Actress Jean Clyde was born in Glasgow on March 17 1889, to Scots theatre producer/actor John Clyde and his wife Mary. Jean was one of six children.
Jean started acting at a very early age, five years, when she travelled with her Father’s touring company around Scotland. At age 19 Jean played the role of the ‘Bride’ in the play ‘Bunty Pulls the Strings’ a play for which she would become synonymous. The play was written in 1910 by Scottish actor and playwright Graham Moffat. The play was a massive hit in London’s West End, running for 617 shows at the Haymarket Theatre in 1911. Jean was to play the lead role of Bunty over 1,000 times in London, the UK, Africa and Australasia.
Jean married her co-star and leading man, David Urquhart, who played Weelum Sprunt in ‘Bunty’, In Halifax and together with fellow ‘Bunty’ co-star Bunty Abie Barker, formed a new touring company – The Bunty Comedy Company.
The trio toured both the UK and overseas for a period of two years performing a revue called “Sandy’s Wedding Present.’ In 1918, Jean travelled to America where she was to make her US stage debut in Philadelphia. In America she played in the ‘Little Brother’ with Richard Dix, Tyrone Power and Walker Whiteside.
In 1920, Jean returned to the family home in Helensburgh to care for her dying father before resuming her career. Several more roles and tours ensued. As a Scots woman, Jean ‘specialised’ in Scots parts and played many of the JM Barrie heroines, and also lead parts in ‘Hunky Dory’ and the ‘Scrape of the Pen’. In 1925, Jean starred in the play ‘Courting’ as Jeannie Grant, at the 49th Street Theatre on Broadway NY from September 12th to October 1st.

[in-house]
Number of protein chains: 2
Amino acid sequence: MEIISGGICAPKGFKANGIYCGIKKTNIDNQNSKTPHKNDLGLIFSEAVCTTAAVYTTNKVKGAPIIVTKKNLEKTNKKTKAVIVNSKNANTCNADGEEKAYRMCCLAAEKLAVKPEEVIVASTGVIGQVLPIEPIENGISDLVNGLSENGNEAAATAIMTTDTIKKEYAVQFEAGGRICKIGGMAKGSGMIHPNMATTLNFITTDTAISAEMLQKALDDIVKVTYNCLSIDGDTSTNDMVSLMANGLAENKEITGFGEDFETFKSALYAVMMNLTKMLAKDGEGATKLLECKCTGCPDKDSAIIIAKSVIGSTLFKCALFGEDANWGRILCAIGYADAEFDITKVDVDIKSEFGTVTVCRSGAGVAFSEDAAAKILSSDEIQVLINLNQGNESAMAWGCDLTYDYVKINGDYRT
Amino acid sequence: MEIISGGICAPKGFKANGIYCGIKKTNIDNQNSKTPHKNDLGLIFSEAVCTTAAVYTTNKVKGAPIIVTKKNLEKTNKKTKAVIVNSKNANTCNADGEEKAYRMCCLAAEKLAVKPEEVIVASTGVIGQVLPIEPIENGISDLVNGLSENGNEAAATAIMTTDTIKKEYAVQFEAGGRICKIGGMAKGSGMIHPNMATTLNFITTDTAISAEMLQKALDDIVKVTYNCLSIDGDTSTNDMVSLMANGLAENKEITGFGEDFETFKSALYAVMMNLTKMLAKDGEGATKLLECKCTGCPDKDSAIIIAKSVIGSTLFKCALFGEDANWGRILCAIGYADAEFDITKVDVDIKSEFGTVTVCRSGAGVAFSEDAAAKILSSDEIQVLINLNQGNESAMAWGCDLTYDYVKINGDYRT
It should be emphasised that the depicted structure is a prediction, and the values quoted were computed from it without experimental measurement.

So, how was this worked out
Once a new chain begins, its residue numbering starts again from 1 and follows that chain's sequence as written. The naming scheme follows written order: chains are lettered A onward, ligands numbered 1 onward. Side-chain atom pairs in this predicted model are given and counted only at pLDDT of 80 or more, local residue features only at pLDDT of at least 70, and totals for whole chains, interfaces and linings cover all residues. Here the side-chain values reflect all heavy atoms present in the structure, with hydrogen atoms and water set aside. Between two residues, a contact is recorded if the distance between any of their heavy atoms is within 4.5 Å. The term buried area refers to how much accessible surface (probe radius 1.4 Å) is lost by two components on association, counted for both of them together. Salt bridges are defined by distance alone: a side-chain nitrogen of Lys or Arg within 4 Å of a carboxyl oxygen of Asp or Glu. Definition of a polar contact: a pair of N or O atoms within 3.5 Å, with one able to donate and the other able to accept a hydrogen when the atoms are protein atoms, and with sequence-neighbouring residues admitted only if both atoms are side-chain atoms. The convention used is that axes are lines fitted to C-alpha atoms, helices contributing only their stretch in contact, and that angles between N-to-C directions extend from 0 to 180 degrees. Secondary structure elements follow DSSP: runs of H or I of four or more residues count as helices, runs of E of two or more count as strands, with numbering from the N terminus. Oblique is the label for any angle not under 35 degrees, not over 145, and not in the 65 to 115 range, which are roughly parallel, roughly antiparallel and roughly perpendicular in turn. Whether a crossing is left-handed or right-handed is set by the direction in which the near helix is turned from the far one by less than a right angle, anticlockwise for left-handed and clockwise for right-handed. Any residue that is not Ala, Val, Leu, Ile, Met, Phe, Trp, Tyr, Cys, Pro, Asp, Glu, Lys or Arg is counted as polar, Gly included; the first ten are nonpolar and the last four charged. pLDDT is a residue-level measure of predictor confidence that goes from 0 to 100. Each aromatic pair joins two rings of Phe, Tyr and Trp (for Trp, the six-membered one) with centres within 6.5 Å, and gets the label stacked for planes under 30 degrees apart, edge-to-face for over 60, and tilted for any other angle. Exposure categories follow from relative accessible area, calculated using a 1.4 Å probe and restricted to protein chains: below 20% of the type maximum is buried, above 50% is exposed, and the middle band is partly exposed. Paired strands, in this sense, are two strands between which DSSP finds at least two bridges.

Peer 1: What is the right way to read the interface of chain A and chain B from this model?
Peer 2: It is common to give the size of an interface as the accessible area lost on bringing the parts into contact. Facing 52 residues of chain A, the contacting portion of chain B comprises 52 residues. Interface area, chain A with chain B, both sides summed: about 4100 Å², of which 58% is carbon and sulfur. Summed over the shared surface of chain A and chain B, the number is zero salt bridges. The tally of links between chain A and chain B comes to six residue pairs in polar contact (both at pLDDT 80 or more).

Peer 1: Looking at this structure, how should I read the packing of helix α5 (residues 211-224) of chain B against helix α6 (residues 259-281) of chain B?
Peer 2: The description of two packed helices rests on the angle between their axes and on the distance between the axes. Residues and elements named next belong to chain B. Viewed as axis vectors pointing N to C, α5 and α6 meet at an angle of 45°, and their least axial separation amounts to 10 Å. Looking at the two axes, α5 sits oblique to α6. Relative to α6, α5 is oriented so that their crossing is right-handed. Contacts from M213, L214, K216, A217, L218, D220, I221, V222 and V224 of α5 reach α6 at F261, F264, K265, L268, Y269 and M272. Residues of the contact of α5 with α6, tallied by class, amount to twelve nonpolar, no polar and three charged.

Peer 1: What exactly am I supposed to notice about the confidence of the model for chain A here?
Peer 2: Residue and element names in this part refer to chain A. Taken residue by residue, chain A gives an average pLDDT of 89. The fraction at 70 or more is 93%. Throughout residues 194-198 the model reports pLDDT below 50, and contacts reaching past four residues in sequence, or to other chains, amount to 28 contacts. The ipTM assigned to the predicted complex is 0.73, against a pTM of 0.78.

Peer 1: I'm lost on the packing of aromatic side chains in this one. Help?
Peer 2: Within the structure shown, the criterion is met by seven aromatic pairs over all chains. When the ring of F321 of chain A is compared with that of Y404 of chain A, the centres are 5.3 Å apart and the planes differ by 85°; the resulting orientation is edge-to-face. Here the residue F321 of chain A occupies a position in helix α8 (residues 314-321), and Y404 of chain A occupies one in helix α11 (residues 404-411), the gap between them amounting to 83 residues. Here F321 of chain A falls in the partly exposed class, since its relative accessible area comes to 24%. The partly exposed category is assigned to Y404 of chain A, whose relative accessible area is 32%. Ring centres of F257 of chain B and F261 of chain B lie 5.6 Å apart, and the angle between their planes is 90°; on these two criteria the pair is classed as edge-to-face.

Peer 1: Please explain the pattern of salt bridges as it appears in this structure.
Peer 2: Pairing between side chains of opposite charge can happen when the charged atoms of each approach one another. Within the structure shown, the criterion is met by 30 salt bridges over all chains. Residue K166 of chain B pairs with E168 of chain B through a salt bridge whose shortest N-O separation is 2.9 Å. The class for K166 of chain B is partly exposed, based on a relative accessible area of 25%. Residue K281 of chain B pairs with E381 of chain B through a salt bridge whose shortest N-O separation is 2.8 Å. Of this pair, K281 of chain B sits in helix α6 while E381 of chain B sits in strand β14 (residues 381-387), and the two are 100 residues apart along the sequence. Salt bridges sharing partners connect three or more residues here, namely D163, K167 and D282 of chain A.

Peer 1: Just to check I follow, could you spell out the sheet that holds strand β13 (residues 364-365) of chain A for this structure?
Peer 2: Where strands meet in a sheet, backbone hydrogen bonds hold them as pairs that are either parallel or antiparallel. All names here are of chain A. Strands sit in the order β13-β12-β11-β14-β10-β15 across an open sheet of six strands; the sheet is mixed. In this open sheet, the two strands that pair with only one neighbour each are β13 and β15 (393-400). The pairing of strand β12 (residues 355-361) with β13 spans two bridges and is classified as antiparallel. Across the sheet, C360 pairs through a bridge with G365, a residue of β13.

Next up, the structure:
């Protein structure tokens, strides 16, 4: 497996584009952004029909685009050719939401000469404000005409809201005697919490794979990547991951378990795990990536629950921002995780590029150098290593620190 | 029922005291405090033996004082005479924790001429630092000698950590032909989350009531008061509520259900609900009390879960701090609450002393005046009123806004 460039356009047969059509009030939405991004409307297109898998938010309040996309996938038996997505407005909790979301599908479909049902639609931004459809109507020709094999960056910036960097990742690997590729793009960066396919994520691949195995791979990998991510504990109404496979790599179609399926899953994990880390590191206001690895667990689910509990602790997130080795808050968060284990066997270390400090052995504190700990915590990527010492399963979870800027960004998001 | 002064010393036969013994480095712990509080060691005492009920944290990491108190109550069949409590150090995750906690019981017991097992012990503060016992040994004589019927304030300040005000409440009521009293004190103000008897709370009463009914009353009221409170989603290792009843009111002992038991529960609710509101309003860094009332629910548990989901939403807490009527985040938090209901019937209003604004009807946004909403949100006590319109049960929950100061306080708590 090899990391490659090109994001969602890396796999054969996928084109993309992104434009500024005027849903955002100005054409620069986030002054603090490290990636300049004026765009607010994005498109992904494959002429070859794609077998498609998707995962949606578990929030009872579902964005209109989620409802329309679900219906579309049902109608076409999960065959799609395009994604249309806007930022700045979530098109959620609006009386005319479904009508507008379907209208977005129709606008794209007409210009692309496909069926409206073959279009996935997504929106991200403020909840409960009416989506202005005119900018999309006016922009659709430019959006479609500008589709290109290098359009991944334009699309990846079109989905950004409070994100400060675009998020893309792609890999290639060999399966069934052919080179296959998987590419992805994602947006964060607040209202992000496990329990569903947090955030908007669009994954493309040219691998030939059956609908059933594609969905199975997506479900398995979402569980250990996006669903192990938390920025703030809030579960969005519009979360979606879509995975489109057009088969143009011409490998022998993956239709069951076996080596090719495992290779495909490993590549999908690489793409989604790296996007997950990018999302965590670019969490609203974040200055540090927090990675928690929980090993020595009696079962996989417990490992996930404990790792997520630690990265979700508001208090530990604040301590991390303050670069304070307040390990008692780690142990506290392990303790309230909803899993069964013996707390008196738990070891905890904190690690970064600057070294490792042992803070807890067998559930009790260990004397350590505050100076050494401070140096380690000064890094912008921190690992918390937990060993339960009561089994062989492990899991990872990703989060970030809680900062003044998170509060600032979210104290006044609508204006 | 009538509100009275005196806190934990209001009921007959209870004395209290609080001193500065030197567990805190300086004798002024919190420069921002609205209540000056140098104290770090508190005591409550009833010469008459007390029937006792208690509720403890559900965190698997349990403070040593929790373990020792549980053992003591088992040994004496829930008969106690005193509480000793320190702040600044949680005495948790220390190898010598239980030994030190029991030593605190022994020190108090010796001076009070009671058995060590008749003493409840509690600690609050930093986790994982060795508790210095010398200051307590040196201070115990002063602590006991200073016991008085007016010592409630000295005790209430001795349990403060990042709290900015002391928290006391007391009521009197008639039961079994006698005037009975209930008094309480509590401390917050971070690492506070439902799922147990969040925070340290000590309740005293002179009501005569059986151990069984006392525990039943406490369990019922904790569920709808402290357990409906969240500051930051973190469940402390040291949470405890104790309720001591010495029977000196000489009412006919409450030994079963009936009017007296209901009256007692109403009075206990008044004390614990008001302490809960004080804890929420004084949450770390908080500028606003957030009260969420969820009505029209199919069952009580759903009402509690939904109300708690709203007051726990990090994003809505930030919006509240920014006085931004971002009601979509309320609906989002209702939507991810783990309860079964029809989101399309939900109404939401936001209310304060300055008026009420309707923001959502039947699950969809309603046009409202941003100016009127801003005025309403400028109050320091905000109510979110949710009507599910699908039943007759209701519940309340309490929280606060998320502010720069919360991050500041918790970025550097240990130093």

Jean returned to the stage until 1927 when she decided to retire. This was to be a short lived retirement as she was tempted to return to the greasepaint in the role of Mrs Pringle in a play called Marigold. In a similar vein to the role of ‘Bunty’, Jean was to appear in the play over 1000 times and toured extensively in it. The play was a huge hit in London, and the original cast took it on tour to the States and Canada. The Montreal Gazette, January 3rd 1931, was delighted that the London cast had chosen to perform ‘Marigold’ in Montreal, just as Jean had performed the role for the thousandth time, at Her Majesty’s Theatre.
Jean continued with her theatre career, turning her hand to production and staging. She married her second husband Bill McQuaid in 1934, following the tragic loss of her first husband.
Following Bill’s death in 1949, Jean returned to Helensburgh until her death in Rhu on 24th June 1962 aged 73.
Thanks to heroescentre.co.uk for their help with this information
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